In Korea, Soldiers don't fight alone, they fight a joint fight. So training and exercises involve servicemembers from the Seventh Air Force and the U.S. Naval Forces Korea. But American forces alone are not responsible for defending Korea. That responsibility is also shared with the ROK military.

"You have to fight with the Koreans," Wizenreid said. "You have to learn how to interact and operate with coalition partners. It's kind of hard to simulate that in the States. But here you have to do that, so that's another facet of the training here that really is awesome."

In Korea, the Army trains on the entire range of warfighting skills - because Soldiers there must be ready for war. When the war in Iraq is over, all Soldiers will need to brush up on the entire range of skills the Army spells out in its operations doctrine - because the next war might require them, Wizenreid said.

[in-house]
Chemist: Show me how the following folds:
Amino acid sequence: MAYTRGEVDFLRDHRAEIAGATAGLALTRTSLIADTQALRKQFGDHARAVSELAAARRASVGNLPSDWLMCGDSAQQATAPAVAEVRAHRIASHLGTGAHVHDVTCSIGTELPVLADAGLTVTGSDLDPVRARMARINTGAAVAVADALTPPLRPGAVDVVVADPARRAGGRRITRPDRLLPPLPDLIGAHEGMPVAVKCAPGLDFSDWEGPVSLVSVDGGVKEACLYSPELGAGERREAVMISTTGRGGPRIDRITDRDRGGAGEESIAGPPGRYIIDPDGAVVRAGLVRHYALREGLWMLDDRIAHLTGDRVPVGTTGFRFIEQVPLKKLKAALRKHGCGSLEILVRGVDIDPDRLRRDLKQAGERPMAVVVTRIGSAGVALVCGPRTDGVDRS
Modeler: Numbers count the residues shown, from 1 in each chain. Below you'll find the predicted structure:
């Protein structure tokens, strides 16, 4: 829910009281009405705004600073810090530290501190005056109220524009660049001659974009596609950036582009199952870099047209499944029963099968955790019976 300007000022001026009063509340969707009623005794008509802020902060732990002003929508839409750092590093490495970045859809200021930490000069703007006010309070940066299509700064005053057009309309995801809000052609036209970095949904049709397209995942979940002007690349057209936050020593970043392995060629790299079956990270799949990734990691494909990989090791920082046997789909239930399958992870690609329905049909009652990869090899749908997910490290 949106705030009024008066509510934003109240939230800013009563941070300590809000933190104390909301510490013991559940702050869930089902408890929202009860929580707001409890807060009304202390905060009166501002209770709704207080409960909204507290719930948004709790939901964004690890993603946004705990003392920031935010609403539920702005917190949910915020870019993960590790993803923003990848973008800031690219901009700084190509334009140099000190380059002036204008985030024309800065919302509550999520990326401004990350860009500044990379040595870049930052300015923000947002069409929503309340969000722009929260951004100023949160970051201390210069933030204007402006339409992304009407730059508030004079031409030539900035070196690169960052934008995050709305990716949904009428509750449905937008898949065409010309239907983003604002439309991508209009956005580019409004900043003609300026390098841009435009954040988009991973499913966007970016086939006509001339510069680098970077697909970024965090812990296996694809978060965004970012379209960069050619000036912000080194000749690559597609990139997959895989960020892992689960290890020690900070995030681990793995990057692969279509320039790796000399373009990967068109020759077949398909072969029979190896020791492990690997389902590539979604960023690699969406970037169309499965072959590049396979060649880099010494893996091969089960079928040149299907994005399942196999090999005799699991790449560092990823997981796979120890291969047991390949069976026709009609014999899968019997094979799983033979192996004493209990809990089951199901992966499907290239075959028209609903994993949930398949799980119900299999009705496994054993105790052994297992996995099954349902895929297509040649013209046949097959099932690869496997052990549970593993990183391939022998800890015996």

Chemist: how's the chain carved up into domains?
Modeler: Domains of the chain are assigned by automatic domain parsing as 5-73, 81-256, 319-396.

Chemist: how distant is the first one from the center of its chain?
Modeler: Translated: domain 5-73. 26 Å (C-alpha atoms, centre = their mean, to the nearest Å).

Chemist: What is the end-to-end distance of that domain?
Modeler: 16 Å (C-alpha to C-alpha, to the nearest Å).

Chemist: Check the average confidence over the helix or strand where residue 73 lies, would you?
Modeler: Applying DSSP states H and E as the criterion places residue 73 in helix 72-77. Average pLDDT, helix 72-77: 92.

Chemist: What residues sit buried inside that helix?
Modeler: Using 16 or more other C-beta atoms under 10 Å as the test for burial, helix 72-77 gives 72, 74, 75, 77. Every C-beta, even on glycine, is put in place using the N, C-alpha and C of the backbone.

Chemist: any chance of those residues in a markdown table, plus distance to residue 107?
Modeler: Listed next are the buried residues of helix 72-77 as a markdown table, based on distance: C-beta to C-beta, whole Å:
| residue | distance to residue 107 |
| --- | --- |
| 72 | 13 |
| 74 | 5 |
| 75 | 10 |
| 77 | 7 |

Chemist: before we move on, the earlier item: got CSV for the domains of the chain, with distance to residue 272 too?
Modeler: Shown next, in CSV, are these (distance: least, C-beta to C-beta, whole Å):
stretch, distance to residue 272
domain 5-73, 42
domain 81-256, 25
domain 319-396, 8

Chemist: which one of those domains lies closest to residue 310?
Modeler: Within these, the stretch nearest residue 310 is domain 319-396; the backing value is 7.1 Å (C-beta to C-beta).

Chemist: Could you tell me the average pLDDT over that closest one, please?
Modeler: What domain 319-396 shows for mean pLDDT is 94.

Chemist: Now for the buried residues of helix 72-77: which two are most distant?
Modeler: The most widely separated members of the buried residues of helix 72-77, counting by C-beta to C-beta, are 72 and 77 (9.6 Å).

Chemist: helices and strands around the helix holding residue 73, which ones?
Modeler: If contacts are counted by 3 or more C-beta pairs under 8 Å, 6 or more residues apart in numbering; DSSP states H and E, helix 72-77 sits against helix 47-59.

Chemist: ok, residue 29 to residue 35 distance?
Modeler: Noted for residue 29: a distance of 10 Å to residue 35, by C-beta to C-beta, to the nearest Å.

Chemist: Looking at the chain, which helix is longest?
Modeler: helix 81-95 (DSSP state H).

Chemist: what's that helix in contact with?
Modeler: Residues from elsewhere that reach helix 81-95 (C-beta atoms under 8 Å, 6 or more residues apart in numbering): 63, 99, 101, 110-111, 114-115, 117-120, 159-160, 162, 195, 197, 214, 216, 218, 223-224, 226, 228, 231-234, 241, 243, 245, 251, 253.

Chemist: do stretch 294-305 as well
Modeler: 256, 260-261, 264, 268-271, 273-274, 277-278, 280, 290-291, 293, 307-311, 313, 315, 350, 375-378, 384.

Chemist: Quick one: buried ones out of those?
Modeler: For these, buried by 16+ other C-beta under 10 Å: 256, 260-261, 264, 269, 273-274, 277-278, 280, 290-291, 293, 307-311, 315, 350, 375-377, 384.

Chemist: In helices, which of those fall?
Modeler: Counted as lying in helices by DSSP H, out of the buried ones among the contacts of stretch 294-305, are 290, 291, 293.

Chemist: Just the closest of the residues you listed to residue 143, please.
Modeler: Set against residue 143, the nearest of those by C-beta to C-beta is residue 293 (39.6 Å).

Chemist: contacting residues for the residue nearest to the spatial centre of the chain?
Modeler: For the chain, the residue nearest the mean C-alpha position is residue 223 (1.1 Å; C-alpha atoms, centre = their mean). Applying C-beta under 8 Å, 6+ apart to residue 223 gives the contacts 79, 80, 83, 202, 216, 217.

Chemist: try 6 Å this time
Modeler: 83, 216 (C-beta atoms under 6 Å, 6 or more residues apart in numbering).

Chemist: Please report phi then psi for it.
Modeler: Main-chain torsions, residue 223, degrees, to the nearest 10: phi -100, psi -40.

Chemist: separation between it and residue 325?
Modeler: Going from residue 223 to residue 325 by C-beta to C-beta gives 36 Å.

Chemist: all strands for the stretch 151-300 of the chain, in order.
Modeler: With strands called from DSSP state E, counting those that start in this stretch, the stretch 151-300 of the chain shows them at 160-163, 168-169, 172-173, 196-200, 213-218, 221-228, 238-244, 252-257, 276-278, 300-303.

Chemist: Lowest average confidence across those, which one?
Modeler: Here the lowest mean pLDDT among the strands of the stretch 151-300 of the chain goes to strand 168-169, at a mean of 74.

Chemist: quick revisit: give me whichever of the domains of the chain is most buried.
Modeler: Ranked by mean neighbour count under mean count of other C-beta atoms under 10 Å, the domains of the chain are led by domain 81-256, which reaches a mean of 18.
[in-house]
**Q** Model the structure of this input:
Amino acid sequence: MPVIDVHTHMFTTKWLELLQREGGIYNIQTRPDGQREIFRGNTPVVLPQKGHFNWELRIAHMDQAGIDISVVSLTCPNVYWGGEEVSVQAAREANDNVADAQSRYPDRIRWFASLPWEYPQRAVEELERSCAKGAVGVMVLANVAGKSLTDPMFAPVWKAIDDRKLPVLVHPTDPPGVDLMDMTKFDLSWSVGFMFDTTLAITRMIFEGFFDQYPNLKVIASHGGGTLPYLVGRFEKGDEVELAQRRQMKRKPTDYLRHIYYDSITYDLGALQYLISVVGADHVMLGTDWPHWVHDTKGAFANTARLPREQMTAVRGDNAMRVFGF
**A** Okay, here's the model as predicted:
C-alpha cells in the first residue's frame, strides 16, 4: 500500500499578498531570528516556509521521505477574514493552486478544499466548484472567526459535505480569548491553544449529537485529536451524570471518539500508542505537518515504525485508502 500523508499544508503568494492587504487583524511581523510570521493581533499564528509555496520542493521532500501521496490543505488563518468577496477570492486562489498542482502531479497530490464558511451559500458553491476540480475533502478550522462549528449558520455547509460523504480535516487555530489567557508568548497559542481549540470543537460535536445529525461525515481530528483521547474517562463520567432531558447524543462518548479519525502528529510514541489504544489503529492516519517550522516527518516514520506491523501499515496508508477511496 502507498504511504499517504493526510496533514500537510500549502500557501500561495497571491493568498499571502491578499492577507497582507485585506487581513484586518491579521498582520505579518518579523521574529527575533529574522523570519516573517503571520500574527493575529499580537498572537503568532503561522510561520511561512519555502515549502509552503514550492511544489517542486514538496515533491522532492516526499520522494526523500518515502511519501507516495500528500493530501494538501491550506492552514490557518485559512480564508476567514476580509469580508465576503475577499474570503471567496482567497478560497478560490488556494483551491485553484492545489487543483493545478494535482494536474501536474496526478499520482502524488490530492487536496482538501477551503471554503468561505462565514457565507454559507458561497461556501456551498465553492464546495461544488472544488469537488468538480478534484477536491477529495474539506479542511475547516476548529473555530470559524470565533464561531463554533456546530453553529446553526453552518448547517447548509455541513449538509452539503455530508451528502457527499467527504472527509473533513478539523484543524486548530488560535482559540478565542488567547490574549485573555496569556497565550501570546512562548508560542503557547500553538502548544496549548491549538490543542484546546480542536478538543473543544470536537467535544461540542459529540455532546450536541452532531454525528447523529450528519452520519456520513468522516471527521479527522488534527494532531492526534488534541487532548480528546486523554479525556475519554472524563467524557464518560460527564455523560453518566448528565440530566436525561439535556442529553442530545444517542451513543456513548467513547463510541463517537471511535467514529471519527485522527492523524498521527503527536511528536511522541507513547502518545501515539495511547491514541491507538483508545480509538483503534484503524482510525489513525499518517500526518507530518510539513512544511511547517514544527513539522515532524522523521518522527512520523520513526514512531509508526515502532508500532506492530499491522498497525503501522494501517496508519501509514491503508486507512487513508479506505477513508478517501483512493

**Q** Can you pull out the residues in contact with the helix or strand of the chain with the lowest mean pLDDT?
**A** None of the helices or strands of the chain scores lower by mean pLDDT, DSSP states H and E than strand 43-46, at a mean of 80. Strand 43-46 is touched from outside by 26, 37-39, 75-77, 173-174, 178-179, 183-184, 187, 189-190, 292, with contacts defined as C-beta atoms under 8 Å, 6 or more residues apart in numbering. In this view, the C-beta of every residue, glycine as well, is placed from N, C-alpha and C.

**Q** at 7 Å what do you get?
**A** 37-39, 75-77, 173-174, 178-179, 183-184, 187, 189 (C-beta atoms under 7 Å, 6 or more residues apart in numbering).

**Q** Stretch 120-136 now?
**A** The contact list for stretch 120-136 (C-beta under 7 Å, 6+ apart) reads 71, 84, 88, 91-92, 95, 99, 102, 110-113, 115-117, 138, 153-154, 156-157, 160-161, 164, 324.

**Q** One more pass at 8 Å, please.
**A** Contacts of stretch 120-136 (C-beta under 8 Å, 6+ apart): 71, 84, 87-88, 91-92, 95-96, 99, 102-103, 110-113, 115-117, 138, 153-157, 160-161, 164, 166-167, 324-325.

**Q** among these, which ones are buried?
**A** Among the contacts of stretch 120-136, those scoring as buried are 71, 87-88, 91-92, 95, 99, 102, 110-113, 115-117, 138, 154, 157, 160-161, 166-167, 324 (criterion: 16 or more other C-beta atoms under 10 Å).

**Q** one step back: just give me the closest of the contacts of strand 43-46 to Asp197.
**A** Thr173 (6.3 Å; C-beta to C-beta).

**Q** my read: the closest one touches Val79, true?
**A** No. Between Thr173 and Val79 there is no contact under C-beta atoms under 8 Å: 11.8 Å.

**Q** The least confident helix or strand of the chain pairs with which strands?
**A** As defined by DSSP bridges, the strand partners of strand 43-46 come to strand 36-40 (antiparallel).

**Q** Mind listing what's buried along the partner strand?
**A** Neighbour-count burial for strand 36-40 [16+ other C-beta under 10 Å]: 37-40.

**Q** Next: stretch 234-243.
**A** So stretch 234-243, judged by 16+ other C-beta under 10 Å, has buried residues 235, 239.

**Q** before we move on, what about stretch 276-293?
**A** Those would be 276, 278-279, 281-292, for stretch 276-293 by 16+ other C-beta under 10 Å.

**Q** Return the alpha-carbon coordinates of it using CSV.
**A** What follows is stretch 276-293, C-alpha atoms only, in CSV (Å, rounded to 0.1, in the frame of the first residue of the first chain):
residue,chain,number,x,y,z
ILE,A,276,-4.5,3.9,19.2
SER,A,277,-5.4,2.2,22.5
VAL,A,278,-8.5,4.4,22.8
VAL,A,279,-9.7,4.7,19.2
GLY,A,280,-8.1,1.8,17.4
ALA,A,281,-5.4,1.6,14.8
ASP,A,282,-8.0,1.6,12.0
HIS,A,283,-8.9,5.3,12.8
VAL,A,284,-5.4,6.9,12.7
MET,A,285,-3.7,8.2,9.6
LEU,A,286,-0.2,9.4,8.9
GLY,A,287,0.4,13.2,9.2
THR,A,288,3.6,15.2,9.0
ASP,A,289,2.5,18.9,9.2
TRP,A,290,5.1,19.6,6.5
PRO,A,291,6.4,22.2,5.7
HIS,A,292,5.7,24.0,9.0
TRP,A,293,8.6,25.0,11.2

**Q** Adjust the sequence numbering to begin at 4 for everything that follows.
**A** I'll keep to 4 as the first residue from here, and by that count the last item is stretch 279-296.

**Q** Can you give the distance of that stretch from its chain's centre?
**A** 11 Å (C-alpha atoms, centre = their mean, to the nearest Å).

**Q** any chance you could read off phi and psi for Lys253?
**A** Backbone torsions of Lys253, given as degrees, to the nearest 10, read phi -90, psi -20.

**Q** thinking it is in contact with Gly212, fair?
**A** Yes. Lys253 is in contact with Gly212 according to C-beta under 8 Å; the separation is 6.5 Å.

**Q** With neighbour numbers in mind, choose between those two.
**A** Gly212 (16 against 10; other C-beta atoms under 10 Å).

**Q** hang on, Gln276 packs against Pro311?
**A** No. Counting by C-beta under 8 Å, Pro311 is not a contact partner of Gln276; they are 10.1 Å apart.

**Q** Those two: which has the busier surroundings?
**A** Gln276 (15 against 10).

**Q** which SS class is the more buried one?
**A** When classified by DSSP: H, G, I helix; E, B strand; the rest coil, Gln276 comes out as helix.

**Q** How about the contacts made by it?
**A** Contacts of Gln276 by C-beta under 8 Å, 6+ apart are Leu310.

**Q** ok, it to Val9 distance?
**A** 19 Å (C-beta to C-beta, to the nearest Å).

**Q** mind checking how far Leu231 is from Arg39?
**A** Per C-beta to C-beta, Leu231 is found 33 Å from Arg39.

"One thing we've always done well is that we've learned and fought the war we're fighting right now, but we don't do a good job sometimes of preparing for the next war that might come down the road," Wizenreid said. "So this is the last place in the Army where we can train to the full spectrum of combat."

The 2nd Inf. Div.'s Command Sgt. Maj. Brian Stall said division Soldiers are busy keeping those conventional warfare skills sharp.

"There's not a day that goes by that a unit's not out in the field honing its Soldiers' skills," he said. "Just because you're in Korea doesn't mean the training stops. We're the only division that's focused on a full-spectrum combat mission. Other divisions are presently focused on counterinsurgency, because they are the force providers in Afghanistan and Iraq. We owe it to our bigger Army to maintain those core mission-